Grains

Victorian grain ready for road trip to southern Queensland buyers

Henry Wells, September 6, 2017

DETERIORATING winter-crop prospects on southern Queensland’s Darling Downs and in central and northern New South Wales have sparked the next round of buying from end users, and loads of current-crop grain from as far south as Victoria are now pricing into new-crop slots.

image : Craig Grigson, Broadbent Grain

On top of uncertain prospects for an early planting of sorghum, a lack of local cereal supply has motivated Darling Downs feedlots and other intensive livestock producers to book positions for January onwards.

Traders said markets would continue to trade the south-to-north movement of grain, and the drawing arc was potentially much larger than some people realise.

“The old-crop Victorian market is pricing itself at carry through to execution into the Downs delivery January,” Riverina-based GrainlinkNSW general manager trading, Graham Allen, said.

“The new-crop delivered Downs wheat and barley market is trading actively every day.”

Forward prices into Darling Downs markets for January are strong enough to buy current-crop grain stored in Victoria, pay the cost of carry into the New Year, and road freight it to the Darling Downs in January, and this sent a warning to consumers in Victoria and southern NSW.

“It shows that the market will tend to draw from a long way, and the Victorian market needs to be mindful of it.”

“What today are the cheapest pricing points for wheat will have pressures on them from other areas that they don’t normally.”

End-users on the Downs and in northern NSW might normally wait to buy their main volumes of grain from October onwards off the header, but with winter-crop yield prospects fading by the day, buyers were looking at a different coverage strategy in the near term.

However, Mr Allen said the January trade was more active presently than the harvest slot.  The consumer appeared to be leaving the harvest slot open.

Barley firms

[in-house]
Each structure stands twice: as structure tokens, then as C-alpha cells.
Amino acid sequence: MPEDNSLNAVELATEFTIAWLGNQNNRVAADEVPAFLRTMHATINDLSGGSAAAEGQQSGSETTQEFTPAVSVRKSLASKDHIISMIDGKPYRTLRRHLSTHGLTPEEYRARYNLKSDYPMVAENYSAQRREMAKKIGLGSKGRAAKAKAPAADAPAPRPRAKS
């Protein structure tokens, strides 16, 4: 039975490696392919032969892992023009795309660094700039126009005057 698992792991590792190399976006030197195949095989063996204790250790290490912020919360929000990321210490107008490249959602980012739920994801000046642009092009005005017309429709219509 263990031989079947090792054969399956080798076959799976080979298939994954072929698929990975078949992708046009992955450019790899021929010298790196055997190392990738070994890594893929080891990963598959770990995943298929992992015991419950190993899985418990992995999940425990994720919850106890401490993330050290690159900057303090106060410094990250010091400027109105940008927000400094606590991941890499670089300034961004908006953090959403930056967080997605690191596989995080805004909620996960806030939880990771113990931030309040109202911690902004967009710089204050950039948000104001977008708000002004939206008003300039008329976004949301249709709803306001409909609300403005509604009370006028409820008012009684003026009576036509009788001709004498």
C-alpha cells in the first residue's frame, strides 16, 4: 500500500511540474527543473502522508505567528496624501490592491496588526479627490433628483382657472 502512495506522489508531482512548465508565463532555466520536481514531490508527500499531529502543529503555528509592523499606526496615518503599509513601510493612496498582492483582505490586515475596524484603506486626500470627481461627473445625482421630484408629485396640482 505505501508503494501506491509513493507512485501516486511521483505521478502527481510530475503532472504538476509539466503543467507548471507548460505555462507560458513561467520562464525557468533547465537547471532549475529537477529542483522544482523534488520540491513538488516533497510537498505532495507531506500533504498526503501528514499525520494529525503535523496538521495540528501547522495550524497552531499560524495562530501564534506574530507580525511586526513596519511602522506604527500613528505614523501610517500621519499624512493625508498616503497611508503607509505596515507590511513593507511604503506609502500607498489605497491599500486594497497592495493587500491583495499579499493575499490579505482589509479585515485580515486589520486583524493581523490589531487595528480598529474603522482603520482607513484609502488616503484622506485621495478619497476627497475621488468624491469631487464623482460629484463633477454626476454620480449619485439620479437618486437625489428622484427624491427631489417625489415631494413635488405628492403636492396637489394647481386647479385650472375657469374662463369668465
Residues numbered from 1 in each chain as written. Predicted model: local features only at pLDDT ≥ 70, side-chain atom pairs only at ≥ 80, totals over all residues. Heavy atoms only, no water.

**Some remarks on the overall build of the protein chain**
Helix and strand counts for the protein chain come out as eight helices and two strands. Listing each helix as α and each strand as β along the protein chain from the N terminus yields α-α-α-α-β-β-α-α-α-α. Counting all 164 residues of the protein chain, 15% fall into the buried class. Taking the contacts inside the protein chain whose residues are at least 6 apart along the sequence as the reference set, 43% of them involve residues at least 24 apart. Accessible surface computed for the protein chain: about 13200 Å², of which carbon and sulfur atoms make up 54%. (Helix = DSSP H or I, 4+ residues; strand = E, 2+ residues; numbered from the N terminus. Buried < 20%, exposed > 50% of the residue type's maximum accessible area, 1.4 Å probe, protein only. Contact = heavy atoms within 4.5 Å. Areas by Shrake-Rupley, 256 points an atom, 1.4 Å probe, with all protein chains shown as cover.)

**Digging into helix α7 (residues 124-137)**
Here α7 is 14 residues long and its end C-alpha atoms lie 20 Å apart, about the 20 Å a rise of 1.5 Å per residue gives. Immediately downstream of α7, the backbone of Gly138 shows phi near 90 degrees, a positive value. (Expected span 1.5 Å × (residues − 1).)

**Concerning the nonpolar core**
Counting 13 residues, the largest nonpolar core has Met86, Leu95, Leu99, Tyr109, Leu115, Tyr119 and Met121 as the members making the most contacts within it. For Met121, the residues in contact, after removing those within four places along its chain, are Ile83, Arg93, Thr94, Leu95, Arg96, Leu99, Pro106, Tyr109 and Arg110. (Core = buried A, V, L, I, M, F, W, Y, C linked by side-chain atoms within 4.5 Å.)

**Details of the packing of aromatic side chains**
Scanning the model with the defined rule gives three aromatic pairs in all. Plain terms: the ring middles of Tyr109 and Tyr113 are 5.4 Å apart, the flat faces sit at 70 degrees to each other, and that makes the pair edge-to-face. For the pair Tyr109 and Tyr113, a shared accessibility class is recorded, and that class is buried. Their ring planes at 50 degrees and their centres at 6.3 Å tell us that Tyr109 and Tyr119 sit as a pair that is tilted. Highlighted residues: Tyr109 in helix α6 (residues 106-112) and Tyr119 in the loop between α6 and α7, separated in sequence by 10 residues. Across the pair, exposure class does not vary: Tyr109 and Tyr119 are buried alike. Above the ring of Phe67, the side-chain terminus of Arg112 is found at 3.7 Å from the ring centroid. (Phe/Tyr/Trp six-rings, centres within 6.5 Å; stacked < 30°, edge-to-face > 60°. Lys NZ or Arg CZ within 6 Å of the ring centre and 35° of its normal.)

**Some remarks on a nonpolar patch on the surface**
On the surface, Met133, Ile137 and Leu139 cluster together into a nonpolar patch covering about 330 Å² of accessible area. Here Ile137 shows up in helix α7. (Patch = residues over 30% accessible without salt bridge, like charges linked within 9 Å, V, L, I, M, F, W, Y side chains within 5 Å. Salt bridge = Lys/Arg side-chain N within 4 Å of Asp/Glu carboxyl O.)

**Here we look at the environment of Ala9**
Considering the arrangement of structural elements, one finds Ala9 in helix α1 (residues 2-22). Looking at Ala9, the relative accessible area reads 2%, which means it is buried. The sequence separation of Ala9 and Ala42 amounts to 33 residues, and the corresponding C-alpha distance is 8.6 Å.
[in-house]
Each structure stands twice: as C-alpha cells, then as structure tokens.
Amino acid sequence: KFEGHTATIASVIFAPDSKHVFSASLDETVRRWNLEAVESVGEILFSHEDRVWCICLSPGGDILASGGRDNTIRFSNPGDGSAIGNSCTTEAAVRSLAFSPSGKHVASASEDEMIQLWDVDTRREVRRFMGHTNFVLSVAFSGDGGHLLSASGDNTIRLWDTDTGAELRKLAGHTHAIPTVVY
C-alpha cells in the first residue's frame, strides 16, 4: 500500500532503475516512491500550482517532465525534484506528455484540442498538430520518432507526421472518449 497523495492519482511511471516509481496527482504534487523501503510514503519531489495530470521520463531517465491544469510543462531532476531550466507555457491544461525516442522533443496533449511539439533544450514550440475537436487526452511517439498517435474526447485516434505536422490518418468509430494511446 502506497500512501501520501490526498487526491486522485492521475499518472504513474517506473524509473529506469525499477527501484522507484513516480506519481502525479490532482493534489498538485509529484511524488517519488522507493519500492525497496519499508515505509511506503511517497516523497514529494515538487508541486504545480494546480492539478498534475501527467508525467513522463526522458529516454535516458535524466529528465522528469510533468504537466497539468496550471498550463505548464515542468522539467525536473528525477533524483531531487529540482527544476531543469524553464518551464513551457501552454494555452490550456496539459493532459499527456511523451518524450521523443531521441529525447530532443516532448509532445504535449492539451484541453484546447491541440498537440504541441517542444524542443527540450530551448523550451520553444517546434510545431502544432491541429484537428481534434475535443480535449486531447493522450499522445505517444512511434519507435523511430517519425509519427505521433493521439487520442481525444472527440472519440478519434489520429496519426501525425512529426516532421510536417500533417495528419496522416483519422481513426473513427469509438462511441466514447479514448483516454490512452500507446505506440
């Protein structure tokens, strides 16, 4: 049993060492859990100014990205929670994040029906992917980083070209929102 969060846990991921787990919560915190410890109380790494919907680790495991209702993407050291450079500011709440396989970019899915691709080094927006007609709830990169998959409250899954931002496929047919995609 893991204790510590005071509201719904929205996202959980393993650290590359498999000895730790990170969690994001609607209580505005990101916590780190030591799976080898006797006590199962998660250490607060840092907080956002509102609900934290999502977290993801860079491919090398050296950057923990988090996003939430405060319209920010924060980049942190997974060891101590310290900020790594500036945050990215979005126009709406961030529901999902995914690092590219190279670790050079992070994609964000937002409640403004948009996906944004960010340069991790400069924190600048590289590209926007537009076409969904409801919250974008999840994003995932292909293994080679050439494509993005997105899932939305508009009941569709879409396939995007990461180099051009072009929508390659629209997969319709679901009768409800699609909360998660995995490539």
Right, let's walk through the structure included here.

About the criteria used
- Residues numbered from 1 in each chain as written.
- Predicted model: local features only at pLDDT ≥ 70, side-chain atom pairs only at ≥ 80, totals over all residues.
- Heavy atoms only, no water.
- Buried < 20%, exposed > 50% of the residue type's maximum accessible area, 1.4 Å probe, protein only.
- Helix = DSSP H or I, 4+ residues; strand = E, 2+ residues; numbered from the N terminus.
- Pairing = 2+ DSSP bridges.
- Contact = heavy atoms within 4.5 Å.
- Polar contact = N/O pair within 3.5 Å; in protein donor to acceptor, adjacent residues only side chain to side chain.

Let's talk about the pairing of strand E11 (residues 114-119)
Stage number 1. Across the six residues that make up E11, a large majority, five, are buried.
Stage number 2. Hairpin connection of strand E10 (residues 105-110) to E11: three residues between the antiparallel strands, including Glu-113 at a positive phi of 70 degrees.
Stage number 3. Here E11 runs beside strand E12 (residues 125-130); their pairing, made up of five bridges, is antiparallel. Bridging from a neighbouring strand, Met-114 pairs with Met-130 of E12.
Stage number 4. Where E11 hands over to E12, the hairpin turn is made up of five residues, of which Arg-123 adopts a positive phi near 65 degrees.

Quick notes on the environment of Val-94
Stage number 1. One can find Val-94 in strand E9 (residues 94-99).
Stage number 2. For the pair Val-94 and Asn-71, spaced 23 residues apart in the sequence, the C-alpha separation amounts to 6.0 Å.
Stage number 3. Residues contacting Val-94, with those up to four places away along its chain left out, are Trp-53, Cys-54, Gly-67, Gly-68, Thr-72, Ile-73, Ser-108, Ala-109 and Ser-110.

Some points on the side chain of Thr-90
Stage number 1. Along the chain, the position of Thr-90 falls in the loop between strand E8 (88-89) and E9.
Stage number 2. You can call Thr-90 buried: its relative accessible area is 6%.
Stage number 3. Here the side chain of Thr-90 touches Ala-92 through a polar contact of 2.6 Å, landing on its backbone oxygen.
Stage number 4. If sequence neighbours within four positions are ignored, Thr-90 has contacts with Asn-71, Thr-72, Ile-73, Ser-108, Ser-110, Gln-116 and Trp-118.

ACCB Australia, broker, Andy Cunliffe, said demand from the north had put a floor in values for run-out barley from the 2016 harvest, and new-crop also.

Based on the toughness of the season, Mr Cunliffe, said feedlots made the decision last month to cover themselves through to the end of October, as supply appeared to tighten.

Mr Cunliffe said one indicator of tightening supply was the delivered Darling Downs barley differential to wheat, which had narrowed from the normal $20 per tonne to around $10/t.

“The bid for Jan barley at $320 compared with wheat at around $330 for the Jan forward position; I think the barley balance sheet will end up tight.”

Fuelling that argument has been the news of a recent export barley demand.

“Barley traded a couple of weeks ago out of Australia, believed to be destination China for around 300,000t.”

Mr Cunliffe said while export traders had the ability to switch supply to another zone where grain was cheaper, domestic consumers fixed in their geographic location like the feedlots, with animals to feed every day, felt it was prudent to lock in supply because they couldn’t bank on deferred-delivery grain getting any cheaper any time soon.

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Feedlots were aware last month that the forecast for September was still looking dry.

“One feedlot in the north said…there’s a 40-kilometre-an-hour wind blowing here, and in the middle of August it’s 25 degrees outside; I will be buying grain.”

Supplements sought

Weston Animal Nutrition head of commodities, Shawn Fletcher, said Mauri Millrun, the by-product of its national flour-milling operation, was meeting strong demand as an alternative supplementary source of feed supply.

“Given the winter-crop outlook from central NSW to Queensland, demand for millrun has substantially increased and will continue to increase as feedgrain users look to alternative sources of feed supplies.”

“We are seeing this demand give support to pricing where we are transporting millrun from southern states to Queensland and northern NSW.

“The same thing is happening on grain supply into all grain end users in Queensland and Northern NSW.”

Pasture deficit

Agrigrain Narromine trader, Sam Ward, said some barley was being sought to feed sheep and cattle which were now running out of pasture.

“It’s been ongoing demand because stock prices have been so good, and the odd load has been going here and there.”

The northwest NSW plains barley market has been trading at around $260/t delivered, and Mr Ward there seemed to be enough available locally to satisfy demand.

“We’re not up against the bigger feedlots which buy a lot of grain, so we can still get bits here and there.”

That may change as dry conditions bite and hopes fade for early spring rains to salvage some crop yield potential and fading pastures.

“We’ve all been hanging on to hopes for September rain that might hold conditions but realistically, we’re only going to see things go backwards,” he said.

“We’ve got warm days, cold nights, winds and some frosts, all the ingredients for a dry spring.

“Our window for rain which can turn things around is just about up, and all we can do is hope for the weak La Nina to bring some rain October-November.

“Anyone who’s carried grain, it’s certainly paid off for them; early this year, no-one saw the demand out there appearing when the tap got turned off.”

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